This post is the third in a series about developing good habits with money.

In the first two posts of this series we discussed reducing your reliance on a credit card and how to begin saving regularly.

The next step for college students is to manage your spending while increasing your savings. Even in college, you don’t want to get in the habit of relying on a month-to-month paycheck to pay your bills. That’s why managing savings is one of the most difficult things for college students.

You have daily expenses, bills to pay each month, and loans looming on the horizon. Those seem like priorities that you can’t forgo. But the fact remains: starting to save money earlier is better for your future. So how do you begin?

Develop a habit.

Good Habits: Make your money work for you; only spend what you have already saved.
What does this mean?

There’s a little tip that I read from a personal finance blog ( called the Multiply-by-25 rule. The story comes from personal finance journalist Rob Bennett’s entry How To Start Saving Money. Bennett says that the idea of the rule is to, “diminish your reliance on a paycheck.”
Bennett’s post on the Multiply-by-25 rule gives great insight into the saving process. It’s a rule that college students in particular can take to heart.

The Multiply-by-25 Rule: Multiply any expense by 25; that number is what you need to have in savings in order to afford the expense. Why? The dollar amount in your savings account will earn interest over time. Multiplying an expense by 25 will ensure that the interest you make from your savings will cover that expense.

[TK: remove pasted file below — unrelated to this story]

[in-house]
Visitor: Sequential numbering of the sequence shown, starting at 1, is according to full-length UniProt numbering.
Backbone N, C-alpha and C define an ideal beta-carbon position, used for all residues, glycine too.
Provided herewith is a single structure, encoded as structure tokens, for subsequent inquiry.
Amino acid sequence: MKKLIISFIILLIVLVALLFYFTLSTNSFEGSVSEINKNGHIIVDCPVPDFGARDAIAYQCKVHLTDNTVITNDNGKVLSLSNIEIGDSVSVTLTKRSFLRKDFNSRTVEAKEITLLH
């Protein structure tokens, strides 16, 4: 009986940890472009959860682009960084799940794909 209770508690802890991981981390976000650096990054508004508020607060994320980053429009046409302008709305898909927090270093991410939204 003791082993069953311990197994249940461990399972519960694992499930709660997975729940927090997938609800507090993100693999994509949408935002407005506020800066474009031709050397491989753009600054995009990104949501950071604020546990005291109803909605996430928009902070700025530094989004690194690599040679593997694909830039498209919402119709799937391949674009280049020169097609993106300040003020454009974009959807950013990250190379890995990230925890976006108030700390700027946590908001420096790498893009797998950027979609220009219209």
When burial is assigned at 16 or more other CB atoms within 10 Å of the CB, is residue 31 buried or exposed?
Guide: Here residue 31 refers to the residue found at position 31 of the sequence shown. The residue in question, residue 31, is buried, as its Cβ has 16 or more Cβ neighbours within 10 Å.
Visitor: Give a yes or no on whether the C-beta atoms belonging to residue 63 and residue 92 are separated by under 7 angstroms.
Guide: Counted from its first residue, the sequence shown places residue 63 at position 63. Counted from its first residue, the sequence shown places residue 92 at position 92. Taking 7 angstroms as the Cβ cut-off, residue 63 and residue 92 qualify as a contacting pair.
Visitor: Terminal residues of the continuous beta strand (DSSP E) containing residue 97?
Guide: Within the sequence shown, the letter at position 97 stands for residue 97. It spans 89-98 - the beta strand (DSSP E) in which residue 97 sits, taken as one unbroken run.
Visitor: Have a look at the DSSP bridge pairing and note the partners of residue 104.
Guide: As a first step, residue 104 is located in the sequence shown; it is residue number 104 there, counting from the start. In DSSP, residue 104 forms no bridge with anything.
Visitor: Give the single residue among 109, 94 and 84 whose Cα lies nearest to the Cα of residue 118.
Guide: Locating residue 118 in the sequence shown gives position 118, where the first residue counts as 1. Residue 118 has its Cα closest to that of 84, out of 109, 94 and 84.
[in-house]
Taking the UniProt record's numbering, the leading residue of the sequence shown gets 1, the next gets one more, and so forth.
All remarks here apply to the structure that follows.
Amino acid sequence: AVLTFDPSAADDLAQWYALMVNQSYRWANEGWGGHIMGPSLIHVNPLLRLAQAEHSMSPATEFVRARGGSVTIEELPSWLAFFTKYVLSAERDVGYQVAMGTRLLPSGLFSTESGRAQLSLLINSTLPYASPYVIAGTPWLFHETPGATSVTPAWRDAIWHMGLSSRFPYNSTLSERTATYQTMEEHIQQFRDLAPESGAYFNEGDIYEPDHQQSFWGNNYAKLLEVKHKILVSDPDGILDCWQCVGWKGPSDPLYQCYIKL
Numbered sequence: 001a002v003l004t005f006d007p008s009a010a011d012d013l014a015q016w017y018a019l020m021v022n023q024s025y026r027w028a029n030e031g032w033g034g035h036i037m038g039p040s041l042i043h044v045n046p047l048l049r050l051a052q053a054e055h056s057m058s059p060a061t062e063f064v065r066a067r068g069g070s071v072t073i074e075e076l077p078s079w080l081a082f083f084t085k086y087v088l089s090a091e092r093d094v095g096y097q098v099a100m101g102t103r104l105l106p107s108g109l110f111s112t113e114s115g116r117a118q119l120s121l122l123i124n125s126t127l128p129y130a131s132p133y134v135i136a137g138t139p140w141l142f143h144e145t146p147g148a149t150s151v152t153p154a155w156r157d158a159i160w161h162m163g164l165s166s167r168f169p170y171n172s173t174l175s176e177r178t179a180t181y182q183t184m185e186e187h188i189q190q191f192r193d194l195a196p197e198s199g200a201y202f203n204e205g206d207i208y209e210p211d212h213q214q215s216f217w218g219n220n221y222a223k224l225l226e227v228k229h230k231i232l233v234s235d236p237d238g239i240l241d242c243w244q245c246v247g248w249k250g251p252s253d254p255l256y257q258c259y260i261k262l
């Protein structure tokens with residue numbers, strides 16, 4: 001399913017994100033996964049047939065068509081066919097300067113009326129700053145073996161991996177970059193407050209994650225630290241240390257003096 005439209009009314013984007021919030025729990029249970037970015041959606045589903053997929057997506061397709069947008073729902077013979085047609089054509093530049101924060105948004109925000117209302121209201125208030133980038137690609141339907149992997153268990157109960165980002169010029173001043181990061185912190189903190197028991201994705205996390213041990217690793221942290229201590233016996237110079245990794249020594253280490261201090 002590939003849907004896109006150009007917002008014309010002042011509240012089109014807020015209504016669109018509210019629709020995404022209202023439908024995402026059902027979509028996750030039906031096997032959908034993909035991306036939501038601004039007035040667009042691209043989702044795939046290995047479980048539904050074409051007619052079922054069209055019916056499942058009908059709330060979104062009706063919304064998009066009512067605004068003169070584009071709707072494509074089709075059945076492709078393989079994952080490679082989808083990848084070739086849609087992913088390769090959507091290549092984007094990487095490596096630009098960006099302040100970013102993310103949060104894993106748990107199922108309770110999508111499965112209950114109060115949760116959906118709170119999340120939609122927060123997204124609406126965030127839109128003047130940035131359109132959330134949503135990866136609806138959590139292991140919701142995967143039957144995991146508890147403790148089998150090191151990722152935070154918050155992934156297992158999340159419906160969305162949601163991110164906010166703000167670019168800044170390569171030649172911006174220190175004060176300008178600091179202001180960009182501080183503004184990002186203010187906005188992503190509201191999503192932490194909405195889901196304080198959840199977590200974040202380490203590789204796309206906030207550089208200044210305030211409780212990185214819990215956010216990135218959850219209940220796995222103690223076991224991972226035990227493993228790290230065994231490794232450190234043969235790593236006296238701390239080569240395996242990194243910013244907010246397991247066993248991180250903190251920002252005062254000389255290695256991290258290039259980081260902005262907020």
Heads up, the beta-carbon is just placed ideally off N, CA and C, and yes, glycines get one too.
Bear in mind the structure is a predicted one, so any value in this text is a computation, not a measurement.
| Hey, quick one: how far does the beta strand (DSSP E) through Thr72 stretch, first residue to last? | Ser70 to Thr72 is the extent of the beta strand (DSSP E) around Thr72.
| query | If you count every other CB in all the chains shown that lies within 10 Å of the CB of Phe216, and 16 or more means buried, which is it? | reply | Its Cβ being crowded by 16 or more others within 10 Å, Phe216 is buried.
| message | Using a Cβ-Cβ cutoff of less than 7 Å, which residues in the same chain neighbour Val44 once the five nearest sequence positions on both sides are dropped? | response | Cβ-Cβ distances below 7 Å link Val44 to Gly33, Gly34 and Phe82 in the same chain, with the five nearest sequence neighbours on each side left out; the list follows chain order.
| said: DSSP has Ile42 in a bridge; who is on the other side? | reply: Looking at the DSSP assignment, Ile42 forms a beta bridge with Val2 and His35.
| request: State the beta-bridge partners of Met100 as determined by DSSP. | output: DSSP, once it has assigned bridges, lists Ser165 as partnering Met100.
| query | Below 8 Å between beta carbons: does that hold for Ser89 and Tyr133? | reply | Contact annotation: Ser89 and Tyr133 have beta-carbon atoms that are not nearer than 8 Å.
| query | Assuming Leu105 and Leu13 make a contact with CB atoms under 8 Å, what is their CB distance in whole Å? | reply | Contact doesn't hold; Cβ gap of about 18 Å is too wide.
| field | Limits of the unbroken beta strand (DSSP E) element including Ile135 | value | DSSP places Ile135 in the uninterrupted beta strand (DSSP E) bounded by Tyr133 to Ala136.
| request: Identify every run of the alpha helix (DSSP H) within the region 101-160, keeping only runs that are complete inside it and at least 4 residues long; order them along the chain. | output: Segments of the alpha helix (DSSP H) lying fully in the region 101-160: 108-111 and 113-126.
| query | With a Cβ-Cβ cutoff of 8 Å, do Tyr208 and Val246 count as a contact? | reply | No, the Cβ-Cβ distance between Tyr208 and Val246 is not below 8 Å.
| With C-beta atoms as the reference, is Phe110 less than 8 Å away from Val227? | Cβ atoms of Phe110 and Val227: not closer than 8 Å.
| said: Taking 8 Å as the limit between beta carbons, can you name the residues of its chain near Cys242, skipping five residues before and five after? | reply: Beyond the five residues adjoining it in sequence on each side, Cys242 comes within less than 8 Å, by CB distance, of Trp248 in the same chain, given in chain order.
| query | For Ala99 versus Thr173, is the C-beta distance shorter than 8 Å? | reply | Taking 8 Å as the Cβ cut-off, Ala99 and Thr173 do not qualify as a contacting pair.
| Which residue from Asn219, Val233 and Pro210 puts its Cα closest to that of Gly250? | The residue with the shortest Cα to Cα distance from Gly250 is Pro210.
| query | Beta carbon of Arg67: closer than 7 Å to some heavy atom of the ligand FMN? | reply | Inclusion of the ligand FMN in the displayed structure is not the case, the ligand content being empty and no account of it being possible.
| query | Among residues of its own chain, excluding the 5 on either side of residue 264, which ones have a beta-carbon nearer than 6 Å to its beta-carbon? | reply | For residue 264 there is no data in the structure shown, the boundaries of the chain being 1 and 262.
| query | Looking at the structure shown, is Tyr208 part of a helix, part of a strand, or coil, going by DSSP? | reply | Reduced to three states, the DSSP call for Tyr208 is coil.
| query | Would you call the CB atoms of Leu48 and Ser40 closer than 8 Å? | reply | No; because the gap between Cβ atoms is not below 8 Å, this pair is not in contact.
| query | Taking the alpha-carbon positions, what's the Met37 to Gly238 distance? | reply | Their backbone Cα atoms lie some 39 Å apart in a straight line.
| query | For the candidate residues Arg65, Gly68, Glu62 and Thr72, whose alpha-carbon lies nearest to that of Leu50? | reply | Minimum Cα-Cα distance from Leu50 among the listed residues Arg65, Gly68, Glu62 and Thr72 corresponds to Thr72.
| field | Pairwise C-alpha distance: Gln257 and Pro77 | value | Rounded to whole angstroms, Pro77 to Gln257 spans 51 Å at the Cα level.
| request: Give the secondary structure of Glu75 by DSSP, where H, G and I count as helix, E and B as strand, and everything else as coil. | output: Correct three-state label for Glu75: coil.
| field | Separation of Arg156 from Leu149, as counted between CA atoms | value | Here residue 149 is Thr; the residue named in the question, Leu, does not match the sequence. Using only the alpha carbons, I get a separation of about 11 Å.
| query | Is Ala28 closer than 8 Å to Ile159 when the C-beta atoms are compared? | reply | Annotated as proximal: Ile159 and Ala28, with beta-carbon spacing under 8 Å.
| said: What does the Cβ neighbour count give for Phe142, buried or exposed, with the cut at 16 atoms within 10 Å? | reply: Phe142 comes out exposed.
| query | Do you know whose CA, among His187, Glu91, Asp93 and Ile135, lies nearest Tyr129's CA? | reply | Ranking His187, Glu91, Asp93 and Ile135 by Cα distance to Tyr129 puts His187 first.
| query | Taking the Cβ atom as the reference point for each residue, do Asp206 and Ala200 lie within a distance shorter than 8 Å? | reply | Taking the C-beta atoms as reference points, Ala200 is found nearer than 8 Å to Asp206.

Bennett uses the example of magazine subscriptions to illustrate his point: to be able to afford a $40 per year magazine subscription, you’ll nee to have $1000 in savings. The interested you earn on that savings will cover the cost of the magazine subscription.

The scale of the rule is daunting. But Bennett addresses the issues in writing, “Telling someone struggling to save her first dollar that she needs to save $1 million or $2 million is like telling her that she needs to learn how to fly to the moon.”

Agreed. That is scary. But the goal of smart personal finance is developing good habits.

So where do you start? Begin by giving yourself a gift each month: put away a certain percentage of your paycheck before you pay any bills. Of course you’ll need to do some research on what is the best savings account for you. But once you start saving, that money can start covering your costs, and you won’t have to rely on a month-to-month paycheck.

Forming the Perfect Team

In the end savings is a team effort!

If you want to effectively save then you’re going to need a great coach. And when I say coach I mean bank. Yes, your bank is a vital player on team you, so make sure to do your research and find I solid team member.

I’ve selected some of the best banks for you to consider. Start your search with these, but don’t stop with the banks listed below. Exploring numerous options will only increase your chances of finding the perfect teammate.

I hope you enjoyed this series on forming good habits!

This article was a collaboration between Thomas Samph and Kyle Espinola.  Thomas is a recent Graduate of Boston University and Kyle is a senior at the University of California, Santa Barbara. Both Thomas and Kyle work for, an unbiased data-driven comparison designed to help you find information of anything from New York City Property to Industry Salaries.